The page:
“The chief pleasure in eating does not consist in costly seasoning, or exquisite flavor, but in yourself.”
— Horace (65-8 B.C.)

Eating and drinking is an activity that connects humankind. No matter where we live, we all depend on water and the earth beneath our feet to sustain our lives. In essence, we are conduits, channels that energy (life) and water flow through, and that life energy is passed down from one generation to the next. A part of that energy is directly affected by what we eat. So if the age-old adage “You are what you eat” is true, there may be some merit in looking closely at what we consume and staying well-informed.

With a desire to educate about and promote alternate healthy food choices, and to preserve our earth, the organic food industry is in crescendo mode today. Where once organic products could be found only at health food stores or local produce stands, organic has become an inescapable reality, since nearly every food corporation now has an organic division. More capital is going into organic agriculture than ever before. Walmart is at the top of the list of large corporations that announced plans in 2006 to double their stock of organic products, including produce, dairy and textiles.

Rose Hayden-Smith, the county director for the University of California’s Division of Agriculture and Natural Resources, says, “Organics have become mainstream, and they are becoming more popular, because there is increasing consumer demand.” Not only are we seeing organic products show up in large food corporations, but the U.S. Department of Agriculture (USDA) recently celebrated Earth Day by turning a six-acre tract on the National Mall into an organic garden. Hayden-Smith says, “This has breathtaking and significant implications for the organic movement. Lincoln created the USDA, declaring it to be ‘the largest interest of the nation.’ ”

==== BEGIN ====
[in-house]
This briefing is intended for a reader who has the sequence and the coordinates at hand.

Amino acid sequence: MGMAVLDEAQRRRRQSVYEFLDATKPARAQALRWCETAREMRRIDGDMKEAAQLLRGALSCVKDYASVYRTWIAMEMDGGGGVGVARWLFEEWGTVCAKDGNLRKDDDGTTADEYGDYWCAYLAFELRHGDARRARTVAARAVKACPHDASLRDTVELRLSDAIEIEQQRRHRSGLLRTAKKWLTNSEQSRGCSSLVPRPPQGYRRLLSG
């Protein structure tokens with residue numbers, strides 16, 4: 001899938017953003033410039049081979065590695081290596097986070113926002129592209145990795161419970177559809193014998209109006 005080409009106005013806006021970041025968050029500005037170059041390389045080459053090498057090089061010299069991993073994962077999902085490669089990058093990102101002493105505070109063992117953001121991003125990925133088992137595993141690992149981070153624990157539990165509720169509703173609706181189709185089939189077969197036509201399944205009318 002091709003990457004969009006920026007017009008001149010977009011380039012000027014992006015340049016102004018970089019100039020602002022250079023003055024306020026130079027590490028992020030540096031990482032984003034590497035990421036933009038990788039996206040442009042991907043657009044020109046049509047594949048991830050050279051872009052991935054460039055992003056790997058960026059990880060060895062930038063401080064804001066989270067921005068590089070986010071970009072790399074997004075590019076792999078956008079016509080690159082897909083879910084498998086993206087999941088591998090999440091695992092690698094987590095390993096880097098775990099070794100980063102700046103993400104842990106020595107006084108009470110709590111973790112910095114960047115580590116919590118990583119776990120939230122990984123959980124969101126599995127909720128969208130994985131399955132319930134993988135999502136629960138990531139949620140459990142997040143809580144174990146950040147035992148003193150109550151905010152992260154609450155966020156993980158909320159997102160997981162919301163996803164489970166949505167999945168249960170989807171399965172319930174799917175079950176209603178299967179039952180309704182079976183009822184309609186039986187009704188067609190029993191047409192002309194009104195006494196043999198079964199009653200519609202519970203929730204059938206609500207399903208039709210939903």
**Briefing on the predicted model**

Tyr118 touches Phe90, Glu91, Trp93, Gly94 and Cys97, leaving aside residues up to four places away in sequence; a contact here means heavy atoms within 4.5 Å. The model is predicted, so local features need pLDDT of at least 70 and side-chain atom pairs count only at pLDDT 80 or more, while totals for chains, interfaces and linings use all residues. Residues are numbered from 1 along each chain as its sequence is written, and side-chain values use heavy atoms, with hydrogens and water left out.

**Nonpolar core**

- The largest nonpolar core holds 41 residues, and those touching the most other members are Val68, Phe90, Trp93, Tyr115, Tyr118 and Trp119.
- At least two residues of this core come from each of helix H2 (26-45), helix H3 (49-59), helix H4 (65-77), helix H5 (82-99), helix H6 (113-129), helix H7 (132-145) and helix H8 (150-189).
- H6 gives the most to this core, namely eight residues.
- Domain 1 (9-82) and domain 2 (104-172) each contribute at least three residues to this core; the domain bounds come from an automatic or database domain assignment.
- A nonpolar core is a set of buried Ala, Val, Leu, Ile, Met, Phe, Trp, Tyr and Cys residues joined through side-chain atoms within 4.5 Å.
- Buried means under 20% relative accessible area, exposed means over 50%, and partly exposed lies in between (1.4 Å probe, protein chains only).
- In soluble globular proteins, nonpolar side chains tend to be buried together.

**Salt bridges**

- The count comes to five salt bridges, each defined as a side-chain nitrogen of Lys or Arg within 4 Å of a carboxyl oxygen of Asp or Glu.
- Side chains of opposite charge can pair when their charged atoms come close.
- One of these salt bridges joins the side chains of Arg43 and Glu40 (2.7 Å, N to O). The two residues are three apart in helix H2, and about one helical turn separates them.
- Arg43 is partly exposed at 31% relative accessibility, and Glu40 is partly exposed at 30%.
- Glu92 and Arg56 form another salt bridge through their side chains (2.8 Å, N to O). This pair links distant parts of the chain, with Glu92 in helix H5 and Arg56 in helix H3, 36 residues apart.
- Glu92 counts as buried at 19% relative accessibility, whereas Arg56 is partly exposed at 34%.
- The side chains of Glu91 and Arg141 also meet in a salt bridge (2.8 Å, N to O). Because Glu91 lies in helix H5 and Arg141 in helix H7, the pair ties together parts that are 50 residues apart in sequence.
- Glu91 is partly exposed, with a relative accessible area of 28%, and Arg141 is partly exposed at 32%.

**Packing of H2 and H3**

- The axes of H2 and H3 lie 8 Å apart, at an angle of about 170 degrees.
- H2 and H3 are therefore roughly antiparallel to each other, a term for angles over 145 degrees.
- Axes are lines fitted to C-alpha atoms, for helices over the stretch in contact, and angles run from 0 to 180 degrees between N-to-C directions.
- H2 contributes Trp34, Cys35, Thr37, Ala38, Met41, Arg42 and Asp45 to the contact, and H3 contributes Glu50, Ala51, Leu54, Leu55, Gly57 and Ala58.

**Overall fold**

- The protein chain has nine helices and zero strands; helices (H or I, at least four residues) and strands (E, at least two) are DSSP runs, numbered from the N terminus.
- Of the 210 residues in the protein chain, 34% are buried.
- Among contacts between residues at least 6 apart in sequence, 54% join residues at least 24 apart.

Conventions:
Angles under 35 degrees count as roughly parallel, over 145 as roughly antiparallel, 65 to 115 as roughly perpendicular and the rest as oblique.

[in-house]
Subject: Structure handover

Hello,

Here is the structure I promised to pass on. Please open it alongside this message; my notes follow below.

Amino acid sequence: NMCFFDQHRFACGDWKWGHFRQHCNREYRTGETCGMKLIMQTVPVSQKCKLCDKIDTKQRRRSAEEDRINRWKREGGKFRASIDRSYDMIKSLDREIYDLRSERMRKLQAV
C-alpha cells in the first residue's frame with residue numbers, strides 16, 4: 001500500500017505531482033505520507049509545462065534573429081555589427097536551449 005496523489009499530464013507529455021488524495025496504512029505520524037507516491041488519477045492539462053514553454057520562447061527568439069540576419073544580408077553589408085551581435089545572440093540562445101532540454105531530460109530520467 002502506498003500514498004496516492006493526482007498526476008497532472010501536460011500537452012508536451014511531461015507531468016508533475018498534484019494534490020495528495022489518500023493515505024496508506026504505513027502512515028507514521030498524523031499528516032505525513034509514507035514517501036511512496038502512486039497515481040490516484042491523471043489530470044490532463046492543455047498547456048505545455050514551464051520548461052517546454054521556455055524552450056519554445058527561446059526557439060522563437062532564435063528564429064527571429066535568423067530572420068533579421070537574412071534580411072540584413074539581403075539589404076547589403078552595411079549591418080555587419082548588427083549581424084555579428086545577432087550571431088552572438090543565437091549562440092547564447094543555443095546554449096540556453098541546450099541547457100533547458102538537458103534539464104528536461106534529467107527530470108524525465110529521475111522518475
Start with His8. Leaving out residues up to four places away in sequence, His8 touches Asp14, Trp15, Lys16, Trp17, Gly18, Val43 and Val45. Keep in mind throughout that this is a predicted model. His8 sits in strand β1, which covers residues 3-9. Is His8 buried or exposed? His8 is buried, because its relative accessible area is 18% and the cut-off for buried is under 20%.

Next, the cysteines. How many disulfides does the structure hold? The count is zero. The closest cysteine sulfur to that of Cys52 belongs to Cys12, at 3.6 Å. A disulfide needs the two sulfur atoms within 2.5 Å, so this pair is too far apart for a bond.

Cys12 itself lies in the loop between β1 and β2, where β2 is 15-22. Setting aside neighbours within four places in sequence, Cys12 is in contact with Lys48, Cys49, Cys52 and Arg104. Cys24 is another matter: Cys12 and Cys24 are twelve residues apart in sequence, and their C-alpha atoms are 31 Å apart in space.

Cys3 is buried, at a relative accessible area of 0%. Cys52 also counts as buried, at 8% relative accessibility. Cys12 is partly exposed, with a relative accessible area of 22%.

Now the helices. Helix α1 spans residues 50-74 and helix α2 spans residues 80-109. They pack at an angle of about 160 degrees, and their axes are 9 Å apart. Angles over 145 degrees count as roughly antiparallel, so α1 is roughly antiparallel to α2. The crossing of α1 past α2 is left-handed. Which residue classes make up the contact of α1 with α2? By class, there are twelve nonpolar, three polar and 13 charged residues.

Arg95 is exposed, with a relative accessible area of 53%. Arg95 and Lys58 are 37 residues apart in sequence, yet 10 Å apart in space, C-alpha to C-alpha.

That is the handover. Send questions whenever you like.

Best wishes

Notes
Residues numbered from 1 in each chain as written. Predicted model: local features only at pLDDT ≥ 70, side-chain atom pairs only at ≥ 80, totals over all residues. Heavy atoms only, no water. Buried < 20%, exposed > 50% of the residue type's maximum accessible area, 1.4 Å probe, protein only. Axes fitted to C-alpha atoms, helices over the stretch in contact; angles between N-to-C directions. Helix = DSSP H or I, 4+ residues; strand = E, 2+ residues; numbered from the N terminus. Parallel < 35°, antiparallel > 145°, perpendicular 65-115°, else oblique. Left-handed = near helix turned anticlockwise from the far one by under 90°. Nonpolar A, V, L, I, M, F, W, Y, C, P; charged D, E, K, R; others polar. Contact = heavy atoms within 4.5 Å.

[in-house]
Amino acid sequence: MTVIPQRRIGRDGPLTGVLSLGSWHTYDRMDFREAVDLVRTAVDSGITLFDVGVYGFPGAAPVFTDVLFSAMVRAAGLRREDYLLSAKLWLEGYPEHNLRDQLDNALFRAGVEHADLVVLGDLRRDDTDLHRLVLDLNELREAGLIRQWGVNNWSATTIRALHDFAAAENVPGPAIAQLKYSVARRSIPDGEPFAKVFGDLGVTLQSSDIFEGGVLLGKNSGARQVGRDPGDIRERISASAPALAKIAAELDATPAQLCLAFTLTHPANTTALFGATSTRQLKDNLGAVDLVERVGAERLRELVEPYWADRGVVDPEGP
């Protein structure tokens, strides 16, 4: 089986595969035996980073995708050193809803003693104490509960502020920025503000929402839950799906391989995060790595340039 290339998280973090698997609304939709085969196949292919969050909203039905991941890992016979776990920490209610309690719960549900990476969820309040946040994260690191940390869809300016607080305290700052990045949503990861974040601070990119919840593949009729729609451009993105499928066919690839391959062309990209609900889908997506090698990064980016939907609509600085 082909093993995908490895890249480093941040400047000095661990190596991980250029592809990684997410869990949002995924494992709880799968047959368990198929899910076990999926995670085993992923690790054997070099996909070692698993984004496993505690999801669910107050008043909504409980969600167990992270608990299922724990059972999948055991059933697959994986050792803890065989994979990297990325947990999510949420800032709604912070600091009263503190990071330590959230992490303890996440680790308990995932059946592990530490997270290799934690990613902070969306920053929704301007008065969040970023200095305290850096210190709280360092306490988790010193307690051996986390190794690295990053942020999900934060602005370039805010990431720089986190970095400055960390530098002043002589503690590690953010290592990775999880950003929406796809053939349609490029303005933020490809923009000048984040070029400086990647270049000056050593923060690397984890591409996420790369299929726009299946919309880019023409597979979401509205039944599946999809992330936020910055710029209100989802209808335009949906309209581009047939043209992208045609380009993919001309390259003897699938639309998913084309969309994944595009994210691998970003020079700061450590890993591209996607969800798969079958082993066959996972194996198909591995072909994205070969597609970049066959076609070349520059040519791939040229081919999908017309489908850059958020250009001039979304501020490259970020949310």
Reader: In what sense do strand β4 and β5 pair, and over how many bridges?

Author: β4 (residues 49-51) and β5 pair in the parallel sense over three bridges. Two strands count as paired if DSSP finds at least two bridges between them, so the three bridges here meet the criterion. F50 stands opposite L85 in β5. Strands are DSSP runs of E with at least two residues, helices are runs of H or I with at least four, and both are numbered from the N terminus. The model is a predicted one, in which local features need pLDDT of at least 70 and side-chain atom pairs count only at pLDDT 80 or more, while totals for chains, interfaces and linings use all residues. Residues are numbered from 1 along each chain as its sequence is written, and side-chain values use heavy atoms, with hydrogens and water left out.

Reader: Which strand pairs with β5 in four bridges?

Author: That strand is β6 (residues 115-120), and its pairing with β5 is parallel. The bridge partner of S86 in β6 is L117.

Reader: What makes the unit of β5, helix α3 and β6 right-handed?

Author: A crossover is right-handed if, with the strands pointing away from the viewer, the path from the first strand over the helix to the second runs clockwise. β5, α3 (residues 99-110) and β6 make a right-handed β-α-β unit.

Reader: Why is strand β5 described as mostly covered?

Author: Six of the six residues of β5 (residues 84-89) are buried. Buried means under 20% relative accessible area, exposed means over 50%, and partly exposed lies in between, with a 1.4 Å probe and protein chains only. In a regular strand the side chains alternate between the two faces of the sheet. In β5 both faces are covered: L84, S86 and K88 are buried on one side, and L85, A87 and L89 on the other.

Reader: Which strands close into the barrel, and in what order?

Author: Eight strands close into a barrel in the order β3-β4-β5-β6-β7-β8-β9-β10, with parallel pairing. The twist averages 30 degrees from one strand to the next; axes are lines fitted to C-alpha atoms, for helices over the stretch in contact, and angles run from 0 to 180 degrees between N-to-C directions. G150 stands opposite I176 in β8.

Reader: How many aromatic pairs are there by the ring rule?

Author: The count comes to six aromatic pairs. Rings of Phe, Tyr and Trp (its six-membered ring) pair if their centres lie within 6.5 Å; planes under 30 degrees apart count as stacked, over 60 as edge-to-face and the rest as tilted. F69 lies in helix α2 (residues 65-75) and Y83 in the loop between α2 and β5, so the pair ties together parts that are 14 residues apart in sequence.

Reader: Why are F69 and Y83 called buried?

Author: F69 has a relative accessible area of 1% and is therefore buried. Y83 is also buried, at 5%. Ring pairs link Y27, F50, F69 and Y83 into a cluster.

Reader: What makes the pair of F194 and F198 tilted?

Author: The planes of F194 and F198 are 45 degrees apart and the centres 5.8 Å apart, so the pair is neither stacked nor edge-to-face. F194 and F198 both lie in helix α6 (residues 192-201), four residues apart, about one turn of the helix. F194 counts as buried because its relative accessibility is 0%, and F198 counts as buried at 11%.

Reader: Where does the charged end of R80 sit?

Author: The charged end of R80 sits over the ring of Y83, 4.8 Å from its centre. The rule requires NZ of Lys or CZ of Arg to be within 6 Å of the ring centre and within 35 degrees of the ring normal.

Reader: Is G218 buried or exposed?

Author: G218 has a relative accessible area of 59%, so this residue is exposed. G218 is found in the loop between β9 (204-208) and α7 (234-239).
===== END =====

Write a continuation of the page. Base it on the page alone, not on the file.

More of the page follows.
In a recent interview on MSNBC, New York Times author Michael Pollan said, “Organic food is a good investment.”

2The history of organic farming in the United States dates back to the early part of the 20th century, with concerns over the use of hydrogen cyanide and arsenic-based pesticides. However, these pesticides were soon toxic and ineffective replaced by synthetic organic (carbon-containing) compounds and DDT (dichlorodiphenyltrichloroethane).

For about 20 years, all seemed well. DDT was the agricultural industry’s dream — beefing up profits while yielding more for less and controlling the pests. However, not everyone in the agriculture industry was smitten.